The latest Arizona Vegetable Integrated Pest Management Update from the University of Arizona (UA) Cooperative Extension in Yuma, Ariz., released Aug. 24, 2011.

Bagrada bug control on desert cole crops

By John Palumbo, UA Research Scientist and Extension Specialist

Compared to last year, Bagrada bug adult numbers have been relatively light on early broccoli plantings and cauliflower/cabbage transplanted fields in the Yuma and Dome valleys in southwestern Arizona.

Over the summer there were few reports of Bagrada bug adults found in cotton, alfalfa, sudangrass, and other seasonal crops relative to last summer.

Does this suggest that Bagrada numbers will continue to be light once we get into September and acreage begins to increase? It is possible, but I would not bet on it just yet. Remember, it was not until around mid-September last year when it seemed like the clouds opened up and Bagrada bugs dropped from the sky.

Pest control advisors (PCAs) and growers should not become complacent just because they are not finding any Bagrada yet. Rather, it would be wise to assume the bug will eventually show up in some intensity and to prepare for the insect accordingly.

Preliminary research conducted over the past year suggests that direct-seeded and transplanted crops are most susceptible to Bagrada bug infestations during stand establishment.

Research to date also suggests that heavy Bagrada infestation control with insecticides is the most economically viable option to protecting stands and preventing significant yield losses. This includes chemigation with pyrethroids, and using contact insecticides (pyrethroids, Lannate, Lorsban) once plants emerge and the irrigation pipe is pulled.

After stands are established and plant size increases up to the 3-4 leaf stage, or on growing transplants, PCAs may consider alternating to dinotefuron (Venom/Scorpion) for protecting plants from Bagrada feeding. This neonicotinoid will also provide knockdown of adult whiteflies and nymphs.

More information on Bagrada bug control can be found in these research reports conducted in a 2010 field trial and a 2011 greenhouse trial.

Contact Palumbo: (928) 928-782-3836 or jpalumbo@ag.arizona.edu.

Chemicals as plant disease inhibitors

Chemicals as plant disease inhibitors

By Mike Matheron, UA Extension Plant Pathologist

Chemicals are indispensible tools in the ongoing effort to minimize crop losses due to plant diseases. Various active ingredients within fungicides are especially useful for managing diseases caused by many fungal plant pathogens.

Although often not recognized, various substances formed by plants and present before infection provide significant self-defense against potential plant pathogens; ranging from outright immunity through various levels of resistance.

A variety of chemical substances are present on the surfaces of plant parts including leaves, stems, fruit, seeds, and roots. These antimicrobial materials include phenolic compounds, tannins, and fatty-acid like chemicals.

Experiments have shown that some of these compounds have an inhibitory action on certain plant pathogens.

For example, toxic exudates on leaves of a specific variety of sugar beet are present in sufficient concentrations to inhibit spore germination of certain fungal pathogens. Another compound was shown to impart resistance in certain types of tomato plants to powdery mildew by inhibiting spore germination.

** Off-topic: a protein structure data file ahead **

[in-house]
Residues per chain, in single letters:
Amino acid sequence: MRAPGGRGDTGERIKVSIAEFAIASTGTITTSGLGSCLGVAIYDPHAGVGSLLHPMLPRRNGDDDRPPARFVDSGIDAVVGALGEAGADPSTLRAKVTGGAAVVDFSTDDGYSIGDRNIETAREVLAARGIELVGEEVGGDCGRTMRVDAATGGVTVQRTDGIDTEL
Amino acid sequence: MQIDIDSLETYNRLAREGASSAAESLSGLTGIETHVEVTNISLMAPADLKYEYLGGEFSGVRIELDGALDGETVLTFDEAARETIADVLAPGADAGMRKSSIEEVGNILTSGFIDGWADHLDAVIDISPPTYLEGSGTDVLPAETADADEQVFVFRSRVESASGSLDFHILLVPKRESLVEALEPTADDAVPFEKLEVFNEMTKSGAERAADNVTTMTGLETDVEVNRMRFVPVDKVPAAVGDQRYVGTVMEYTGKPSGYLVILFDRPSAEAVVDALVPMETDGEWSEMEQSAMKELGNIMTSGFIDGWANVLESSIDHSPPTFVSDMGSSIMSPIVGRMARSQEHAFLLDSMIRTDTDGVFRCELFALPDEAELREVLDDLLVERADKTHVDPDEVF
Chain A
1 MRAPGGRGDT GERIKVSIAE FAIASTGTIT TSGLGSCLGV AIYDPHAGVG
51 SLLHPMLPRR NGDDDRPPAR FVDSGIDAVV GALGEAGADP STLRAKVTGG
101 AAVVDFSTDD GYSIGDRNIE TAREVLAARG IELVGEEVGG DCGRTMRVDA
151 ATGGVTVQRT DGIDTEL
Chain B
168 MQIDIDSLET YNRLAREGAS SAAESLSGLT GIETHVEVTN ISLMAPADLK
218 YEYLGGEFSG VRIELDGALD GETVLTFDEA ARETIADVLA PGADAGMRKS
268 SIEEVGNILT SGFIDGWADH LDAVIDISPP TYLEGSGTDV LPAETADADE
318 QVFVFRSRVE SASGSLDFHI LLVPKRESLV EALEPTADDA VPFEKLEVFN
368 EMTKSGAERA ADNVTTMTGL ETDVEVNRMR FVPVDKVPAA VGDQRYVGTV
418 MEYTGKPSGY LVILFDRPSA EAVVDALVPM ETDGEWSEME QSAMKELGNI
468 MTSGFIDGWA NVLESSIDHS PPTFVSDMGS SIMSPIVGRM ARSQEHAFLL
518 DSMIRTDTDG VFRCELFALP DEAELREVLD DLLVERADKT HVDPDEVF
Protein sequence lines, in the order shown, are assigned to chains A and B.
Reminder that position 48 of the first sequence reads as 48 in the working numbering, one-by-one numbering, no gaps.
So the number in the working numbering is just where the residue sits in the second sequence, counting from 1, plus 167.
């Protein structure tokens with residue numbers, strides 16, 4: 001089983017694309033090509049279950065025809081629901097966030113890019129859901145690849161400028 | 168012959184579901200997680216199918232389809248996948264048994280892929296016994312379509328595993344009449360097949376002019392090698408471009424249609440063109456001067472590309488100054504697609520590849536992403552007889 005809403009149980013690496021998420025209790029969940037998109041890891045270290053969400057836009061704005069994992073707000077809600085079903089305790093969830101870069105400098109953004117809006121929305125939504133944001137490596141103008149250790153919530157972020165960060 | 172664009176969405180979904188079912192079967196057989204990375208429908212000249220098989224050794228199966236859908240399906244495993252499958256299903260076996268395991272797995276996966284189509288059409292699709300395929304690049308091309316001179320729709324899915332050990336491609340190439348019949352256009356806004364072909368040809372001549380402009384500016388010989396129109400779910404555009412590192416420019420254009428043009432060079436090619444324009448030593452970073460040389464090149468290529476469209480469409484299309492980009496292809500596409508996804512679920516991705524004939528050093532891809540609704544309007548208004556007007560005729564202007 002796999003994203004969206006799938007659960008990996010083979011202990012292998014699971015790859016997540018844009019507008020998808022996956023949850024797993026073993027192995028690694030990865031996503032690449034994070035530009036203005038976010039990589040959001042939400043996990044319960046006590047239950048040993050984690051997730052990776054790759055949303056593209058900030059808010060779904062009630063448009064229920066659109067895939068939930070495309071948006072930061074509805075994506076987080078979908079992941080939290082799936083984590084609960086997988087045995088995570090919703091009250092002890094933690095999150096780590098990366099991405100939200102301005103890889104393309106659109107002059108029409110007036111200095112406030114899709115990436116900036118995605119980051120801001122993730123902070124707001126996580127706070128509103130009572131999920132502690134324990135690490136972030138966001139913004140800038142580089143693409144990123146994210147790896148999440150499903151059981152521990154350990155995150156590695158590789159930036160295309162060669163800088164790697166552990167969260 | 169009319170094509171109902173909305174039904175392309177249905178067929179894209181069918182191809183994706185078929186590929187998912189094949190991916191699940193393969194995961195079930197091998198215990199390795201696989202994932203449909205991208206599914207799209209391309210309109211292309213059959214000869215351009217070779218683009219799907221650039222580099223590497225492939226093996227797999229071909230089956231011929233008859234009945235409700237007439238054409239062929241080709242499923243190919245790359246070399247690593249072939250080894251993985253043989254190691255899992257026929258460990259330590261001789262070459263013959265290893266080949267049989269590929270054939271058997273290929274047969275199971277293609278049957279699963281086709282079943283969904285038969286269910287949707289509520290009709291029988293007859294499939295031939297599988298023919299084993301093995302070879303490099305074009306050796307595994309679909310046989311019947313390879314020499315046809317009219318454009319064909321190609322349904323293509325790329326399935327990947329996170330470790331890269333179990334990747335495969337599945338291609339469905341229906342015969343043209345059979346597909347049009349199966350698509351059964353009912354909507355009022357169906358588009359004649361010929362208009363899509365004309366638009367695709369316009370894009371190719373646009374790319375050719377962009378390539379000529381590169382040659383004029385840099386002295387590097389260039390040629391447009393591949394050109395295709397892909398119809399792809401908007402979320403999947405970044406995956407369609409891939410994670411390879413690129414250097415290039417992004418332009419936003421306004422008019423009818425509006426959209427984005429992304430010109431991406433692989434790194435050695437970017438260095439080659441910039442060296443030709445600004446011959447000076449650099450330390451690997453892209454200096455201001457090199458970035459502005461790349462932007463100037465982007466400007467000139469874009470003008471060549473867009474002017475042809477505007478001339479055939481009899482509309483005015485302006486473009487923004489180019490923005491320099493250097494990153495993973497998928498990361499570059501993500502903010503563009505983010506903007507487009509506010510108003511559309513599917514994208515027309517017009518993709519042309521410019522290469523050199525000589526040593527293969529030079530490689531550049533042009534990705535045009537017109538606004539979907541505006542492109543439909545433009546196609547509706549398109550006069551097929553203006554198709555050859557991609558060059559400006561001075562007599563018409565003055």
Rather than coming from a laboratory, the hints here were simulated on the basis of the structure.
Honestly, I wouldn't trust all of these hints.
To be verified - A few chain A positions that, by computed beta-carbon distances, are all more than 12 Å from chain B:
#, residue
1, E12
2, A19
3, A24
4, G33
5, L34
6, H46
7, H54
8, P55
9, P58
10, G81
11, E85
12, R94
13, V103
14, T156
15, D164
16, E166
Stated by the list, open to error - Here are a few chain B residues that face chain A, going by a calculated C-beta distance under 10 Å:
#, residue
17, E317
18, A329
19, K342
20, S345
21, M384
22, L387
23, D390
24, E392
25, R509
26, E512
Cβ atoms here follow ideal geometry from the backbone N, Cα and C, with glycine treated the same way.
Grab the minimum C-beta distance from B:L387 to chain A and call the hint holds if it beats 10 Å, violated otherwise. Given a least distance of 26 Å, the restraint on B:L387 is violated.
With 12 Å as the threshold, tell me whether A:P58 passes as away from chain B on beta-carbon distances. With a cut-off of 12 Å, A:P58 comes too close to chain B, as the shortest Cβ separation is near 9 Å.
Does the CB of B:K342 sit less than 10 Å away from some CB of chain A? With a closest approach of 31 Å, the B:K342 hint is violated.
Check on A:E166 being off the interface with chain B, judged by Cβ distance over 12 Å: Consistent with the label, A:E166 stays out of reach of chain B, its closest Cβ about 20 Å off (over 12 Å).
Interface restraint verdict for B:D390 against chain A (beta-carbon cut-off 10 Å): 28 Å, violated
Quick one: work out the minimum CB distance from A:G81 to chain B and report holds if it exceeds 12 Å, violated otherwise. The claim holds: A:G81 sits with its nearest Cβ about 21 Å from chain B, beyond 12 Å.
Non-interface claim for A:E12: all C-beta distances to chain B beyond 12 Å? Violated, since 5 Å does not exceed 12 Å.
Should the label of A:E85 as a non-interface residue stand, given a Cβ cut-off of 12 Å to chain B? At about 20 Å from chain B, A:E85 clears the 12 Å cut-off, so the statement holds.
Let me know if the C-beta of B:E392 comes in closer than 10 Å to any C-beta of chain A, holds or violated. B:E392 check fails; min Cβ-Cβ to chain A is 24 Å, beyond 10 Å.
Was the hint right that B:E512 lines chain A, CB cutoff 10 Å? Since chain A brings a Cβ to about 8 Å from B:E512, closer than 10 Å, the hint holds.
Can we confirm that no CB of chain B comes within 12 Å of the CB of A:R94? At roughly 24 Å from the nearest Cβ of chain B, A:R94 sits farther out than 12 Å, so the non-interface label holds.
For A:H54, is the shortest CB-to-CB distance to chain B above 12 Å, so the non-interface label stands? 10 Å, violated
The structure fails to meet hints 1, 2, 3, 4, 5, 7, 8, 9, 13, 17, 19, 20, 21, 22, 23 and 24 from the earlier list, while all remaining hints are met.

Additionally, proteins and enzymes on plant surfaces can inactivate pathogen enzymes that are essential for disease development. These preformed compounds, together with various types of structural plant disease defenses, often drive what we recognize as resistance to diseases in plants.

Even if these plant derived chemical and structural disease defense systems are not sufficient to totally prevent disease, the systems along with disease management tools applied by growers contribute to the overall level of disease suppression obtained on a particular crop.

Contact Matheron: (928) 726-6856 or matheron@ag.arizona.edu.

Kerb SC and Kerb 50WP

Kerb SC and Kerb 50WP

By Barry Tickes, UA Area Agriculture Agent

For the first time in 45 years, Kerb is available in Arizona and California as a liquid suspension concentrate (SC). Aqueous suspension concentrates use little or no hazardous organic solvents and are often more stable and environmentally friendly than many other formulations.

This SC formulation has been used in Europe (Kerb Flo) for several years. Both formulations are available as Kerb 50W, Kerb SC, Pronamide 50 W or Pronamide SC. Users must decide which to use.

The UA has worked with both formulations for about five years to compare efficacy and application. When a good application is made, weed control is the same for both formulations.

The active ingredient, Pronamide, is the same and there is no difference in the weed spectrum or level of weed control. Differences, if any, will likely be in measurement and mixing.

The Kerb 50W we used all of these years contains 50 percent active ingredient per pound and is packaged in water soluble bags. The new SC formulation contains 3.3 pounds of the active ingredient per gallon and is packaged in 2.5 gallon containers. One pound of Kerb 50W, for example, is equivalent to 1.25 pints of Kerb SC.

Contact Tickes: (928) 580-9902 or btickes@ag.arizona.edu.

Sampling adult whiteflies with a vacuum

Sampling adult whiteflies with a vacuum

By Marco Peña, UA research specialist

We have talked in past issues of the Arizona Veg IPM Update about sampling adult whiteflies with a vacuum cleaner. This method is used in chemical efficacy experiments by John Palumbo.

To watch a video describing this procedure, click on this link: Adult Whitefly Sampling with Vacuum.